Anthrax Vaccines: Pasteur to the Present
ARMY MEDICAL RESEARCH INST OF INFECTIOUS DISEASES FORT DETRICK MD
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Anthrax has been a major cause of death in grazing animals and an occasional cause of death in humans for thousands of years. Since the late 1800s there has been an exceptional international history of anthrax vaccine development. Due to animal vaccinations, the rate of infection has dropped dramatically. Anthrax vaccines have progressed from uncharacterized whole-cell vaccines in 1881, to pXO2-negative spores in the 1930s, to culture filtrates absorbed to aluminum hydroxide in 1970, and likely to recombinant protective antigen in the near future. Each of these refinements has increased safety without significant loss of efficacy. The threat of genetically engineered, antibiotic and vaccine resistant strains of Bacillus anthracis is fueling hypothesis-driven research and global techniques--including genomics, proteomics and transposon site hybridization--to facilitate the discovery of novel vaccine targets. This review highlights historical achievements and new developments in anthrax vaccine research.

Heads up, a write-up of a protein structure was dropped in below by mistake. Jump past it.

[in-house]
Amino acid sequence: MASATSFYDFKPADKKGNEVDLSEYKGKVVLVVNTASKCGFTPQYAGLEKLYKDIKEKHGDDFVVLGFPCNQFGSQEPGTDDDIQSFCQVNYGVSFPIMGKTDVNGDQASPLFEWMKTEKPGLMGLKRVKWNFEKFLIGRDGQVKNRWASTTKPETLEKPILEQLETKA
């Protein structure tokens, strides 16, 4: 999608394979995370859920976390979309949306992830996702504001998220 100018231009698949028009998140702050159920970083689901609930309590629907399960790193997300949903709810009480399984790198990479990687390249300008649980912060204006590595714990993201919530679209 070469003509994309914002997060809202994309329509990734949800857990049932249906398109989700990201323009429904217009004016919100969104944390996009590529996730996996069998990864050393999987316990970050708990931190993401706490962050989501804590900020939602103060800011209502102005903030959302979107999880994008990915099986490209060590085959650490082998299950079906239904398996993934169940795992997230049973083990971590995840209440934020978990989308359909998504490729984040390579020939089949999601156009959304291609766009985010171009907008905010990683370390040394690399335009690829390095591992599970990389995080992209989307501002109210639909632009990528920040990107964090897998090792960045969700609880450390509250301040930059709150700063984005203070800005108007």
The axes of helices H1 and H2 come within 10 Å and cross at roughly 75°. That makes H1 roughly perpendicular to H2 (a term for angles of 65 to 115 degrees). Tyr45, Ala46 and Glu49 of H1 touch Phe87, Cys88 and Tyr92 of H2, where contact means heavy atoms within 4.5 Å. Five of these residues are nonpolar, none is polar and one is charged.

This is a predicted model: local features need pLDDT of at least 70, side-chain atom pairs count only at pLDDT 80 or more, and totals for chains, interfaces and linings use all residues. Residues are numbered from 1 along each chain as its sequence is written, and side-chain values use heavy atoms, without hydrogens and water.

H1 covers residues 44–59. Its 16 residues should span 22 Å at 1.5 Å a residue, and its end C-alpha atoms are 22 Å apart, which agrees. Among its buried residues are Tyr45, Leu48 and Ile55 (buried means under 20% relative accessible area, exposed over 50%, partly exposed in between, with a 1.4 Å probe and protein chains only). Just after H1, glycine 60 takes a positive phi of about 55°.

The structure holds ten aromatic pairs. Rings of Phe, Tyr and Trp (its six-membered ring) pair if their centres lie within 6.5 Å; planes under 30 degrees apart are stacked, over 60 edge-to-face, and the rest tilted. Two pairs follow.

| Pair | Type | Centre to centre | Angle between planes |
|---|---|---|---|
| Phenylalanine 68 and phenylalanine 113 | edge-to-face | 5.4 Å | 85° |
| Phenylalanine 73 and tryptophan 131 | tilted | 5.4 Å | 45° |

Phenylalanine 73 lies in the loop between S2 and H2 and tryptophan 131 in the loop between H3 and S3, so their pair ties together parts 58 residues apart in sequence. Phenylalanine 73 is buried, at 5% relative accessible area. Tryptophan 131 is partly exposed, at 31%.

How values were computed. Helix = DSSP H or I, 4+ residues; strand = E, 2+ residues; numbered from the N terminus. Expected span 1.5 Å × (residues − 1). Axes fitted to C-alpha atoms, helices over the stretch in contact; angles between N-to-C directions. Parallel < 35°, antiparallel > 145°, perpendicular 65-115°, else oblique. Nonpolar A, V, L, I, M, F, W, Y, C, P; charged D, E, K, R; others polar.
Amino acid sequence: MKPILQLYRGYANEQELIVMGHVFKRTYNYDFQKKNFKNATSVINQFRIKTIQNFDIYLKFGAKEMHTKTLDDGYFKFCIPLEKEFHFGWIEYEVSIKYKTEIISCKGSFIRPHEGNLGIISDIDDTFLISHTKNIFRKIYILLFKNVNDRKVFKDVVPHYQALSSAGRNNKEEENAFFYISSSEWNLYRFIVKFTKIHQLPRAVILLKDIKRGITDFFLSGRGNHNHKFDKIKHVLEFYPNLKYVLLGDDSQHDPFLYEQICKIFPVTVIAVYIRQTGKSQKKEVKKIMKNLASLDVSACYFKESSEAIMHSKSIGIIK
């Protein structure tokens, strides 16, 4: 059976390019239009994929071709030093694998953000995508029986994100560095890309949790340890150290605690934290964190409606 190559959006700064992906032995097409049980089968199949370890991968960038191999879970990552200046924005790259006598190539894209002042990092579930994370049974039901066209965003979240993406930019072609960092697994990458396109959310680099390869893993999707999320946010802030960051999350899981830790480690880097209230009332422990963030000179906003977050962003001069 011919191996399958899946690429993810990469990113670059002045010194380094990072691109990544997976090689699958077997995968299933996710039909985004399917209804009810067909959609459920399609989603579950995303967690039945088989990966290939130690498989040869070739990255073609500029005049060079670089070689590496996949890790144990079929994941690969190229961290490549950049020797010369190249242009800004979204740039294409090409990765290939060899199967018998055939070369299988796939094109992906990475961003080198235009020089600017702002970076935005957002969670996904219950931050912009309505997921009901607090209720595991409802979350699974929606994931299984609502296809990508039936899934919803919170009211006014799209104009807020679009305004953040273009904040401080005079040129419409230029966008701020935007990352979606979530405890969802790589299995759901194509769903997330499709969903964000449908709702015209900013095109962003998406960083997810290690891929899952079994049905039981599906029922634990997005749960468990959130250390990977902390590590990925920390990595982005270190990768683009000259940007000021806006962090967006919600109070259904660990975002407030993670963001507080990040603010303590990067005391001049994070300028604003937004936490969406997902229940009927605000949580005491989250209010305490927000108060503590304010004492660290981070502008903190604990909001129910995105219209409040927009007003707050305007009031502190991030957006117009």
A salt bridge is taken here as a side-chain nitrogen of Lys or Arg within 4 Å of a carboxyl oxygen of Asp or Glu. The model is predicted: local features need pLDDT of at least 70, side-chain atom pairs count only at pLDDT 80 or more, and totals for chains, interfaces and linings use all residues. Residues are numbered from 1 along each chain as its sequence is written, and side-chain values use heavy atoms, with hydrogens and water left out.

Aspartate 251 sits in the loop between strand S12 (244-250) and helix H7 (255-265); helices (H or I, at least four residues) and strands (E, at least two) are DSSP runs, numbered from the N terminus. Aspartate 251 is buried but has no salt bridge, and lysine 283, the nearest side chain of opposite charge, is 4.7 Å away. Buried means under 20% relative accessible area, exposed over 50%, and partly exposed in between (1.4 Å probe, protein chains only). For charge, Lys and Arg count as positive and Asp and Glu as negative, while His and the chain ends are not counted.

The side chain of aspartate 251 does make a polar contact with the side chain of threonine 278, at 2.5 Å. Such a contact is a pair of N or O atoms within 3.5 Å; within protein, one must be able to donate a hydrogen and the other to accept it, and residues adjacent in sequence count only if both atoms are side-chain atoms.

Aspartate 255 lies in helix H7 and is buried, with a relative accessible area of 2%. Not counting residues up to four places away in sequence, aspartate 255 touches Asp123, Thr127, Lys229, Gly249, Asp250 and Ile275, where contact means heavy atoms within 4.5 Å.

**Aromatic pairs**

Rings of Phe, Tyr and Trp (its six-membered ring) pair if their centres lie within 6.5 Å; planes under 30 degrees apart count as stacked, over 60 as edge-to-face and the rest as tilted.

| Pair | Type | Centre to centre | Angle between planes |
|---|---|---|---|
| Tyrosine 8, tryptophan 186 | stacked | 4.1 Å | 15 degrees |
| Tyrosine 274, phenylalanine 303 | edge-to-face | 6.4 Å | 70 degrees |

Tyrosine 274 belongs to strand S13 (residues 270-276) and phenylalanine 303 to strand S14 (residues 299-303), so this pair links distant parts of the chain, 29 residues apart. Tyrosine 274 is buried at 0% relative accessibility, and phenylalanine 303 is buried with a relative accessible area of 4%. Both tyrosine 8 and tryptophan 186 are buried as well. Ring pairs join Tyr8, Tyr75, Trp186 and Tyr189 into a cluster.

- Medicine and Medical Research